Why you should talk to your child’s nursery or childminder

back to nursery

Are you following the Getting the Little Blighters to Eat approach at home, but your child eats some meals at nursery or with a childminder? Here’s three important pieces of advice!

#1 Get them fully on board!

Nurseries and childminders know parents are desperate for their child to eat well and so with the best intentions in the world, most of them encourage and cajole the children to eat at meal and snack time. But it is so much better if your child experiences the SAME approach at nursery as at home and doesn’t receive mixed messages. Speak to – or email – your child’s key worker or childminder. Tell them you’re following a new ‘zero pressure’ approach to food and mealtimes and you’d like them – and any other staff who are around your child when they’re eating – to do the same. No encouragement to eat AT ALL. Not even telling your child something is “yummy”! Just give them their food and say nothing more about it. DISH UP, SHUT UP! You may need to be quite assertive and check every so often that they are sticking to this as, understandably, it’s so easy for them to forget or slip back into old ways.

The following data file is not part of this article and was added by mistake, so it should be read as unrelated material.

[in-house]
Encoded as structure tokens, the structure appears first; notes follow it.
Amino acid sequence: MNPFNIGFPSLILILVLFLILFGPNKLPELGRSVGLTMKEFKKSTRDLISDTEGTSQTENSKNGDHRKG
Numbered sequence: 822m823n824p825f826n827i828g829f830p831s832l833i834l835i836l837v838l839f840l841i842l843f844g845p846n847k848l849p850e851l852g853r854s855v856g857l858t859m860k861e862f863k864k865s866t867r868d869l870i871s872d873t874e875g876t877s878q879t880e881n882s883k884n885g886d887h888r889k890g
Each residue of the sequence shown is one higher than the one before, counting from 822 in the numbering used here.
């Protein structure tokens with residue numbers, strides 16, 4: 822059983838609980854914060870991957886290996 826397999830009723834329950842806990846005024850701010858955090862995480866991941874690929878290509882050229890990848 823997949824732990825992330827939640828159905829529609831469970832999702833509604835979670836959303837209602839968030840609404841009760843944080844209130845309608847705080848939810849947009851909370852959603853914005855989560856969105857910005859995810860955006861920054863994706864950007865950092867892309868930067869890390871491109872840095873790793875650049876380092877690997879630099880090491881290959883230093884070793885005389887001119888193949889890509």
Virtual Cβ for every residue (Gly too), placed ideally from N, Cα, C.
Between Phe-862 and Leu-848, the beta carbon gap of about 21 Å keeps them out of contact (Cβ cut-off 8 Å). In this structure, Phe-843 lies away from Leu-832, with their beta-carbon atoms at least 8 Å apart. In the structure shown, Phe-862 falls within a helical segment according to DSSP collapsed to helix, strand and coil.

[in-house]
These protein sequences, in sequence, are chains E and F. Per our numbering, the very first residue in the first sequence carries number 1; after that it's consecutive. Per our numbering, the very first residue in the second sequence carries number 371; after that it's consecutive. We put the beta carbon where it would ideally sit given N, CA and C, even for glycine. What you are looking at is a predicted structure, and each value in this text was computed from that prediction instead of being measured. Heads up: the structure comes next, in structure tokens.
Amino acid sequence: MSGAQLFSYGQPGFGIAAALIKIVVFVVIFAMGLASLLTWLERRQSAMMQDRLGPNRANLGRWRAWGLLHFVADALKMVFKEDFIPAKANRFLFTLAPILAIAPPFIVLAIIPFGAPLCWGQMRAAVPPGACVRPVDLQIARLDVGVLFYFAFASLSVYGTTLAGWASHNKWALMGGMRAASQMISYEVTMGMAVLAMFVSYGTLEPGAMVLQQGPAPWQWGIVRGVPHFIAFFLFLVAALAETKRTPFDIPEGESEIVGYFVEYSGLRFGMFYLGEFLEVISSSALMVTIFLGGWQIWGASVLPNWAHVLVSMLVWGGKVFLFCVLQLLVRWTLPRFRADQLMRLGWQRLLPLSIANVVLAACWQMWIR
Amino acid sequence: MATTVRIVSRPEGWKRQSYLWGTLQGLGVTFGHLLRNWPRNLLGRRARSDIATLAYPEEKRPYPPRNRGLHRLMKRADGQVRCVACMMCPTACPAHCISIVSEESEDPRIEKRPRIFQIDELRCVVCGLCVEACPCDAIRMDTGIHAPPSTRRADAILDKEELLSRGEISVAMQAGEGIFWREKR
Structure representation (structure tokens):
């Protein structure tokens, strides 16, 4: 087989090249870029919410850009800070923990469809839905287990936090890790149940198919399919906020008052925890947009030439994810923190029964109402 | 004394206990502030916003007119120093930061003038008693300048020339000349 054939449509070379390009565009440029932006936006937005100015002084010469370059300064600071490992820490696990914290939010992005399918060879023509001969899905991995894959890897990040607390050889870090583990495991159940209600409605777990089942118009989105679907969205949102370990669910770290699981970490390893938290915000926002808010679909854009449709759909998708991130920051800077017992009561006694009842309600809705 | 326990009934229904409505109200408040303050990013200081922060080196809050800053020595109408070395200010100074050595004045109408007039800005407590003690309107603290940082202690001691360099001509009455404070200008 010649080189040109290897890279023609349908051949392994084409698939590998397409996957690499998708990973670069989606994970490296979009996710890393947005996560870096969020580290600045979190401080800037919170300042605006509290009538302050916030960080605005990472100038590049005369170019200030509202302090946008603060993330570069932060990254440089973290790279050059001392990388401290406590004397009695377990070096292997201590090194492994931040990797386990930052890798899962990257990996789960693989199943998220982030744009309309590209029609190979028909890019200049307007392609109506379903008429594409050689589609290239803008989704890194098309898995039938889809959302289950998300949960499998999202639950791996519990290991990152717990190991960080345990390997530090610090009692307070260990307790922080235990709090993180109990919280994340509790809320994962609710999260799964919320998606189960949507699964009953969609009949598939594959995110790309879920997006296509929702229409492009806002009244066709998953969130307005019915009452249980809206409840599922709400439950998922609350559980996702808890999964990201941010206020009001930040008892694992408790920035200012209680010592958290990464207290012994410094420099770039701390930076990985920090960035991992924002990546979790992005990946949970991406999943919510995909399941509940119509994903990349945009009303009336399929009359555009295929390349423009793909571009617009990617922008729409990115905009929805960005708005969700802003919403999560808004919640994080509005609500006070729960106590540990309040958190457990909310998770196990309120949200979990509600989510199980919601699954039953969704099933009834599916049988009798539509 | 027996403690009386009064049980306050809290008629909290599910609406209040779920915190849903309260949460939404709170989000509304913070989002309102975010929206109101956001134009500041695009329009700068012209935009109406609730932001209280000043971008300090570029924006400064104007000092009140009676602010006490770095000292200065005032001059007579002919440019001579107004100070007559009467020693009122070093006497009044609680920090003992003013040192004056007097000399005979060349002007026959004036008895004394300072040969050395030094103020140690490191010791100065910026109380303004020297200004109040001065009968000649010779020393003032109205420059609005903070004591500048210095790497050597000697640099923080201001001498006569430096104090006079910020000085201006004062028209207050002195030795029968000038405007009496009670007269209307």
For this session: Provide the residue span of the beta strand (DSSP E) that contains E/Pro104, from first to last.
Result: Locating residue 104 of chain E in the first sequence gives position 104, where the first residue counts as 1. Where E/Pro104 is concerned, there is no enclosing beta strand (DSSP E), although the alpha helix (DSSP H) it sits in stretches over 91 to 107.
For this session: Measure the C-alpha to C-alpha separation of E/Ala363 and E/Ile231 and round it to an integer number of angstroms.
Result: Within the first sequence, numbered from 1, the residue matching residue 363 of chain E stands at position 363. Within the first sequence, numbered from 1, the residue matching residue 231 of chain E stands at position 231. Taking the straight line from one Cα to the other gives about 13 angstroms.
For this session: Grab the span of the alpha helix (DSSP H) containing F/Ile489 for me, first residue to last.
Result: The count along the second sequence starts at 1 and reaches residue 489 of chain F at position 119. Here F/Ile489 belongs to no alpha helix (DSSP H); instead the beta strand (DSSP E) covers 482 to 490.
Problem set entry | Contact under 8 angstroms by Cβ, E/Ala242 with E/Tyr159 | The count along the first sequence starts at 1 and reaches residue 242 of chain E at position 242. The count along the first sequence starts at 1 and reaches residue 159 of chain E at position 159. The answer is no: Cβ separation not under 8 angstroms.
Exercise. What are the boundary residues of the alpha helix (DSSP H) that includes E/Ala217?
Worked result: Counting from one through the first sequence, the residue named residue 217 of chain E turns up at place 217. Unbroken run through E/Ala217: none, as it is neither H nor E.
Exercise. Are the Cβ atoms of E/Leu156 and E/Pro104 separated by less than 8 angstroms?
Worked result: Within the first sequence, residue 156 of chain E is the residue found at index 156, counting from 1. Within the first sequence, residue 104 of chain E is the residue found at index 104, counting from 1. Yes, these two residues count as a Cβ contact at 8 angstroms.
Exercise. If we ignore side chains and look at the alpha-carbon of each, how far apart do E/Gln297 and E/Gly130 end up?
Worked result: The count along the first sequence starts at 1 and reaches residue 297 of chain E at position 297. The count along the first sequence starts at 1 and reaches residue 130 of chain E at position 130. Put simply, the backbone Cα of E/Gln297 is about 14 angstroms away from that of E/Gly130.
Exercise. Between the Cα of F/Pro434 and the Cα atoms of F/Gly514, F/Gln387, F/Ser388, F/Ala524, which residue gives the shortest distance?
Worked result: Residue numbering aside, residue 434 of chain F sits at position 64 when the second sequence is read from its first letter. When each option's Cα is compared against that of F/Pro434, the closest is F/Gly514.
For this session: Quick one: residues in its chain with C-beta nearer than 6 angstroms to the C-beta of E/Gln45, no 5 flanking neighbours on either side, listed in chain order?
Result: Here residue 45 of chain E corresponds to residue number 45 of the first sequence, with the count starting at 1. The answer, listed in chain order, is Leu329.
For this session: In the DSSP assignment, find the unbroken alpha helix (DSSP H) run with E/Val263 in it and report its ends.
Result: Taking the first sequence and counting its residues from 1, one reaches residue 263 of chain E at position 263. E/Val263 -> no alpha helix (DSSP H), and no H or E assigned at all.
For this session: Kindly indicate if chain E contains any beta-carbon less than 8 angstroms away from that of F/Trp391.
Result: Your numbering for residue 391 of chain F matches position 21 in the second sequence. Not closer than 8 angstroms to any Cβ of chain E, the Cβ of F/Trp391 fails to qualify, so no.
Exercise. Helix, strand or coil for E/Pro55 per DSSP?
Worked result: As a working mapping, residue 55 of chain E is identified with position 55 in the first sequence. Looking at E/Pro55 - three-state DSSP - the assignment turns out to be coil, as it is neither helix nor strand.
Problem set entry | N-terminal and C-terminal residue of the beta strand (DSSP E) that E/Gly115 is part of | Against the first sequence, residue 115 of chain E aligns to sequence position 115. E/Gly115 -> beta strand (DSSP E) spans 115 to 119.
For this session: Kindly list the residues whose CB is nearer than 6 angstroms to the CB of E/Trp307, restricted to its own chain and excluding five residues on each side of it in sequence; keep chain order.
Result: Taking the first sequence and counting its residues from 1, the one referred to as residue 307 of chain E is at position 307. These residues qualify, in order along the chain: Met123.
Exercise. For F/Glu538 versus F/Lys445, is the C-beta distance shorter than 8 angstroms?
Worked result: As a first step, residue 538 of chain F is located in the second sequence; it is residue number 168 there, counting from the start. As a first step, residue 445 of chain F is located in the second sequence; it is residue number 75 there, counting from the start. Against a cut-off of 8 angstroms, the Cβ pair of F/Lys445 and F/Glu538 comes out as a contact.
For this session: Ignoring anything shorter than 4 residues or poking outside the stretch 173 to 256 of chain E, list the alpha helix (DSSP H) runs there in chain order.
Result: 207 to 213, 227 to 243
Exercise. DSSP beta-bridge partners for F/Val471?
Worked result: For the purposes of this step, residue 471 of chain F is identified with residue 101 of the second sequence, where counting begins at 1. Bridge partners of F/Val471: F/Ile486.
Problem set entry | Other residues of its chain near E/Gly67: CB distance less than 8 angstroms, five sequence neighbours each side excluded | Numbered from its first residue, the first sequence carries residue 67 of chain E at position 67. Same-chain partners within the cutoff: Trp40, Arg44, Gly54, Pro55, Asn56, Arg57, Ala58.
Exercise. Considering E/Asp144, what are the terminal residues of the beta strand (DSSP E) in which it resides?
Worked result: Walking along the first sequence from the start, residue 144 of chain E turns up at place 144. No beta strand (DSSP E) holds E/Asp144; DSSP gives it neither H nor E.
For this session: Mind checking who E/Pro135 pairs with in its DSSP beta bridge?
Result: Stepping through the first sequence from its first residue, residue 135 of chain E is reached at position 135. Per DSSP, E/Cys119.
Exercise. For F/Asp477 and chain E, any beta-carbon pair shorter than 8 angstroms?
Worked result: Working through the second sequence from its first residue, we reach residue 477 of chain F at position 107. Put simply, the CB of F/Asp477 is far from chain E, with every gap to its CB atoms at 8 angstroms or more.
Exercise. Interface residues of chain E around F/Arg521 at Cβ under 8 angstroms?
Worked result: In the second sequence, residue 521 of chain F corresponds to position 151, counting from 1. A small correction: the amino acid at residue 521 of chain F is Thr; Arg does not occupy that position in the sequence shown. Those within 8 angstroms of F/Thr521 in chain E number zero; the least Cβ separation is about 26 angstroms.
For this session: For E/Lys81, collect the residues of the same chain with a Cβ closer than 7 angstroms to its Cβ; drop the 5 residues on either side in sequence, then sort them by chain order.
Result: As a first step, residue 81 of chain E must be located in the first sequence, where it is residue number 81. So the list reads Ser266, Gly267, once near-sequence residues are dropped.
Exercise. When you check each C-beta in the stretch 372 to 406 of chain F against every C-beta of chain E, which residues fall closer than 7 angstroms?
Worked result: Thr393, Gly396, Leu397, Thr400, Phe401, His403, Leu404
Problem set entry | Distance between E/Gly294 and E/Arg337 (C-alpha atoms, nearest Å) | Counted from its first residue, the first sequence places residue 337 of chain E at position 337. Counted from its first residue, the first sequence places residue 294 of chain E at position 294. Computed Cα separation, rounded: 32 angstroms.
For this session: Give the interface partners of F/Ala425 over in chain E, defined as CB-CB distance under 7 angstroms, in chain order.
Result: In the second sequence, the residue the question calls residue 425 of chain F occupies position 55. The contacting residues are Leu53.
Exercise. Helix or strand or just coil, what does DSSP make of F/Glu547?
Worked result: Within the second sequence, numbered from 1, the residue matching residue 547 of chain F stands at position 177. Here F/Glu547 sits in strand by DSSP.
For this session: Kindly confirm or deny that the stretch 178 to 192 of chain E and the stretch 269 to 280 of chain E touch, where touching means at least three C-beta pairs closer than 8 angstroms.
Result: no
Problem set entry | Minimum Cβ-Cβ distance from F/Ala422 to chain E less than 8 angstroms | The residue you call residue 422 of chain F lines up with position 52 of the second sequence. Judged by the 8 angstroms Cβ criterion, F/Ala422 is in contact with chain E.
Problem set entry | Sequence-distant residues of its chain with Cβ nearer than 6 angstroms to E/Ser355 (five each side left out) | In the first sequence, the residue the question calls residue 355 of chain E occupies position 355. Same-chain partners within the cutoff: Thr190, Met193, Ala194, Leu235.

# 2 Ask them to keep their lips sealed at pick-up!

When you pick your child up, it’s very common for nursery staff and childminders to feed back to you exactly what your child did and didn’t eat that day – in front of your child! Of course you want to know, but think of it from your child’s point of view. They’re standing there listening to this and – wham bam! – that gives them a HUGE daily dose of attention and feeling of power around food! “Wow, these guys really care what I eat and don’t eat.” It totally nurtures fussy eating! Just ask the staff to write it down instead (many do anyway). Again, the staff may forget and slip up from time to time and start telling you – but if this happens, you can jokingly make a mouth-zipping gesture to remind them!
 
# 3 Don’t interrogate your child!
 
It can be so tempting when you pick up your child up to get into a conversation with them about what they ate at nursery that day. “What was for lunch today?” “Did you like it?” “Did you eat all of it?” “Even the carrots?” But the interest you show here screams at your child “I hope you ate it! I hope you ate it!” which simply gives them something to react AGAINST! It gives them a lot of attention and power for NOT eating something. Bite your tongue! You can’t undo what happened – but you can make it worse. 😉